Figure 2: Kaplan-Meier survival analysis of PTCL subgroups based on T-bet and GATA3 expression. (A) In the 109 patient cohort, GATA3 expression was associated with decreased overall survival (OS; log-rank, p = 0.000). T-bet expression was not correlated with OS. (B) In the PTCL-NOS subgroup, GATA3 expression identified a subset with inferior survival (log-rank, p = 0.002), while the stratification based on T-bet expression did not provide differences. (C) In the NKT lymphoma subgroup, GATA3 failed to identify a specific prognostic subgroup, while T-bet identified a subset with superior survival (log-rank, p = 0.004).

Table 3: Univariate and multivariate analyses for overall survival in 109 PTCL cases


p-Value for overall survival


95% CI

Univariate survival analysis

Multivariate survival analysis

Age (> 60)


Gender (male)


B symptom (present)



LDH (elevated)



ECOG (2–4)





Stage (III–IV)


BM involvement (present)


IPI score (3–5)



Ki-67 (> 70%)


GATA3 (positive)





To eliminate possible confounding effects of the heterogeneity of different pathological subgroups, we further analyzed the prognostic value of T-bet and GATA3 expression within subgroups. Due to the limited cohort size, we conducted stratified analyses in the PTCL-NOS and NKT groups only. In 60 PTCL-NOS cases, GATA3 expression identified a subset with reduced OS (log-rank, p = 0.002) (Figure 2B), while T-bet expression did not predict OS. In contrast, GATA3 failed to identify a specific prognostic subgroup among 18 NKT cases, while T-bet identified a subset of NKT with increased OS (log-rank, p = 0.004) (Figure 2C).

Of note, the survival curve for the GATA3+ group initially descended sharply, suggesting a rather short survival of some patients. In the Supplementary Materials (Supplementary Table S3), we listed the causes of death for all the patients living less than 20 days in the GATA3+ group. We also compared the rates of hemophagocytic syndrome between the 2 groups and found a higher incidence for the GATA3+ group (Fisher, p < 0.05; Table 4).

Table 4: Correlation of GATA3 expression with clinical characteristics

Clinical characteristics



Positive (cases)

Negative (cases)

B symptom




Fisher 0.006**




Hemophagocytic syndrome




Fisher 0.041*




CD68 expression




Pearson 0.000**




GATA3 expression is positively correlated with CD68 expression

Macrophages can be activated by TH2-associated cytokines and are linked with the TH2 response. GATA3 regulates TH2 differentiation by modulating TH2-associated cytokines. Therefore, we hypothesize that GATA3 may contribute to the activation of macrophages in tumor tissue. We used CD68 immunohistochemistry as a marker of infiltrated TAMs (see Supplementary Materials, Supplementary Figure S2). Large numbers of CD68+ cells were observed infiltrating tumor tissues and nearby stroma, whereas there were very few macrophages scattered throughout normal lymph node tissues. There was a positive correlation between GATA3 and CD68 expression (Pearson, p = 0.000). In addition, GATA3 expression was correlated with two clinical parameters, B symptom presentation (Pearson, p = 0.000; Table 4) and hemophagocytic syndrome incidence (Fisher, p = 0.041; Table 4).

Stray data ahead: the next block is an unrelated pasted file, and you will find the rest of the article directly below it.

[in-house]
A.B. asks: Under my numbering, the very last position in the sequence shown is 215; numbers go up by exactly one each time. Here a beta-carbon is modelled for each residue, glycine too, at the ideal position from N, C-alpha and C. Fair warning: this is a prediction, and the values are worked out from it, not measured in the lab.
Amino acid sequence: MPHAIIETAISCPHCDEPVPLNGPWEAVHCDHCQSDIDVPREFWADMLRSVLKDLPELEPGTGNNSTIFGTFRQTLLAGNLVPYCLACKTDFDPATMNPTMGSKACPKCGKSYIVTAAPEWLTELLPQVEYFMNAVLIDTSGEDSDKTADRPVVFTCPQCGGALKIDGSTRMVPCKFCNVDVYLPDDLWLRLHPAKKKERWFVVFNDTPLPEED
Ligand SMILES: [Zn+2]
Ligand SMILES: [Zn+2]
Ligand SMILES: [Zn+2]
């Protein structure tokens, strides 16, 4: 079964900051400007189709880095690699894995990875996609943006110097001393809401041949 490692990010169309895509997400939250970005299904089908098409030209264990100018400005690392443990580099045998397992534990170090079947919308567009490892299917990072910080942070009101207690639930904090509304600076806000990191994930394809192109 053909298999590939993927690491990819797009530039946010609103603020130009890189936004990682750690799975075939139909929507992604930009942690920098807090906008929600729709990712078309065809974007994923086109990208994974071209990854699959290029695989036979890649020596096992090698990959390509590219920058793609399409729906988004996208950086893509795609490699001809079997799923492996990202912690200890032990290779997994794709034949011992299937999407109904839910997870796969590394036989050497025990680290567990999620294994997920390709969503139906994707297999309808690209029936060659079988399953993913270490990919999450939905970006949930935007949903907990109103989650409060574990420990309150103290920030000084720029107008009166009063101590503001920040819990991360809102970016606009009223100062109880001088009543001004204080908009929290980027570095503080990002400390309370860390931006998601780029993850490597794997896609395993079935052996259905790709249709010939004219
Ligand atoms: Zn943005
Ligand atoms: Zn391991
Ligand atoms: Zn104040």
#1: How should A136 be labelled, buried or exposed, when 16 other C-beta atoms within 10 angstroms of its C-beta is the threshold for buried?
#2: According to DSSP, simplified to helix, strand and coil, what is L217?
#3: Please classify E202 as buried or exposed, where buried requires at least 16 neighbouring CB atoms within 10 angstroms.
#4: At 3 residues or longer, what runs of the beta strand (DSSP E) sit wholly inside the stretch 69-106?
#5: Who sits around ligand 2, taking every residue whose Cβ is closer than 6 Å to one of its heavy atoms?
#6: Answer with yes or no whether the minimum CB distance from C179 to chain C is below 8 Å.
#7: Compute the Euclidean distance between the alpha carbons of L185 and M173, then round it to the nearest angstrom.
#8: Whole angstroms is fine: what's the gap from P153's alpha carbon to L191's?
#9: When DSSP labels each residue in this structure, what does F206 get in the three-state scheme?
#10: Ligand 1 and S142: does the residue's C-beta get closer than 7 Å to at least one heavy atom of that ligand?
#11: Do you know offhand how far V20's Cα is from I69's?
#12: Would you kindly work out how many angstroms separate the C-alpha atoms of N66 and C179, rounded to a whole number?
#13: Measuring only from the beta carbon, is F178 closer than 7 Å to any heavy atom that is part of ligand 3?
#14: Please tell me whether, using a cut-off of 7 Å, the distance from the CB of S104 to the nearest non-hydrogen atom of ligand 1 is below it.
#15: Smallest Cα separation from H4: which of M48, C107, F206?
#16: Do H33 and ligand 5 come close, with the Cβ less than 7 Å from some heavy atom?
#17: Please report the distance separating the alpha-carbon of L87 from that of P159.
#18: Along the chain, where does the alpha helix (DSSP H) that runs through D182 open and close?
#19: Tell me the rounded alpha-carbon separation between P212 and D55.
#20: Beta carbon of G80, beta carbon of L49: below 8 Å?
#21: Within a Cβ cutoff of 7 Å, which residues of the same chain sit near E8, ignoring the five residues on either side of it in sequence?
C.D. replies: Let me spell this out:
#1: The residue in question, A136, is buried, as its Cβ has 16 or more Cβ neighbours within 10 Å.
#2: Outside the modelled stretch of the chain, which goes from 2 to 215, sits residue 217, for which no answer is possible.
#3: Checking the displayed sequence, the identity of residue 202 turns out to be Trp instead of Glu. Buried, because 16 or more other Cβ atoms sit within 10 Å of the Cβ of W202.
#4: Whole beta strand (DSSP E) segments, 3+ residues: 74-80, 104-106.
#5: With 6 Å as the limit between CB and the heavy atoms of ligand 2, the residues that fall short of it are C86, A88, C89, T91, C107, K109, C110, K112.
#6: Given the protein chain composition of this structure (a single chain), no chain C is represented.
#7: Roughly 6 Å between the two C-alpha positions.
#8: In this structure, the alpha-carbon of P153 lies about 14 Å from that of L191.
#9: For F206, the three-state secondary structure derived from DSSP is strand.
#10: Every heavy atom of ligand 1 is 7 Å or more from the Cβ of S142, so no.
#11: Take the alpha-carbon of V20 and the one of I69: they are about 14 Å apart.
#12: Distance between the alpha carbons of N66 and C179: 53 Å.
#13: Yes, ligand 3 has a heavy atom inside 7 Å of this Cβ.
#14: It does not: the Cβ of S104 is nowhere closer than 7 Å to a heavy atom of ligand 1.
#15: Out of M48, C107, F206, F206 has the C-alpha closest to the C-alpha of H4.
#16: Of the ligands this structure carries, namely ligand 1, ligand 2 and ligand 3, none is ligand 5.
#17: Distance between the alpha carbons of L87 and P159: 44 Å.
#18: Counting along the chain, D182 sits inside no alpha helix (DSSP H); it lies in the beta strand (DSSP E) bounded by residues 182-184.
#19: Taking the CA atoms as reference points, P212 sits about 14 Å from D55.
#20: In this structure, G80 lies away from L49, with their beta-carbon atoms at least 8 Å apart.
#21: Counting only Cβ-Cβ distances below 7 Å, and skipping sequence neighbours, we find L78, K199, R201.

GATA3 knockdown in T lymphoma cell lines leads to the decreased expression of several cytokines

To explore the possible mechanisms underlying the role of GATA3 in PTCL prognosis, we knocked down GATA3 expression in the PTCL cell line, Hut78, using lentiviral transduction of an shRNA sequence. A cell line transfected with shLuciferase was also constructed as the control. Figure 3A and 3B, shows confirmation of GATA3 knockdown at both the mRNA and protein levels. GATA3 knockdown did not influence cell proliferation or cell viability, (Supplementary Figure S3B). However, in the GATA3-knockdown Hut78 cell line, expression of the TH2-associated cytokines IL4, IL5, and IL13, as well as VEGFA was decreased (Figure 3C).

GATA3 knockdown in T lymphoma cell lines leads to the decreased expression of TH2-associated cytokines.

Figure 3: GATA3 knockdown in T lymphoma cell lines leads to the decreased expression of TH2-associated cytokines. (A) After GATA3 shRNA lentiviral transfection, GATA3 mRNA expression was decreased in Hut78 cells. (B) After GATA3 shRNA lentiviral transfection, GATA3 protein expression was decreased in Hut78 cells. (C) GATA3 knockdown in Hut78 cells led to decreased expression of IL-4, IL-5, IL-13, and VEGFA.

T lymphoma cells promote M2-type macrophage differentiation through a GATA3-dependent mechanism

Due to the correlation between GATA3 and CD68 expression, we designed in vitro studies to investigate the effect of GATA3 on macrophage polarization. As illustrated in Figure 4A, the human monocyte cell line U937 was stimulated by phorbol 12-myristate 13-acetate (PMA) to differentiate into macrophages. Twenty-four hours later, all the U937 cells had adhered to the dish and began to show macrophage morphology (Figure 4B). We then divided these macrophages into 4 groups exposed to various conditions, including T lymphoma conditioned medium (1:1, v/v) and various cytokines (20 ng/ml). After incubation for 72 h, we collected the cells and analyzed the expression of the M2-type macrophage differentiation marker CD206, as illustrated in Figure 4C. Treatment of U937 cells with GATA3-high Hut78 cell-conditioned medium led to the highest expression of CD206, suggesting the highest percentage of M2 differentiation. Treatment with the GATA3 knockdown Hut78 cell-conditioned medium led to a lower expression of CD206, while treatment with IL- 4/13 led to a slightly higher expression of CD206.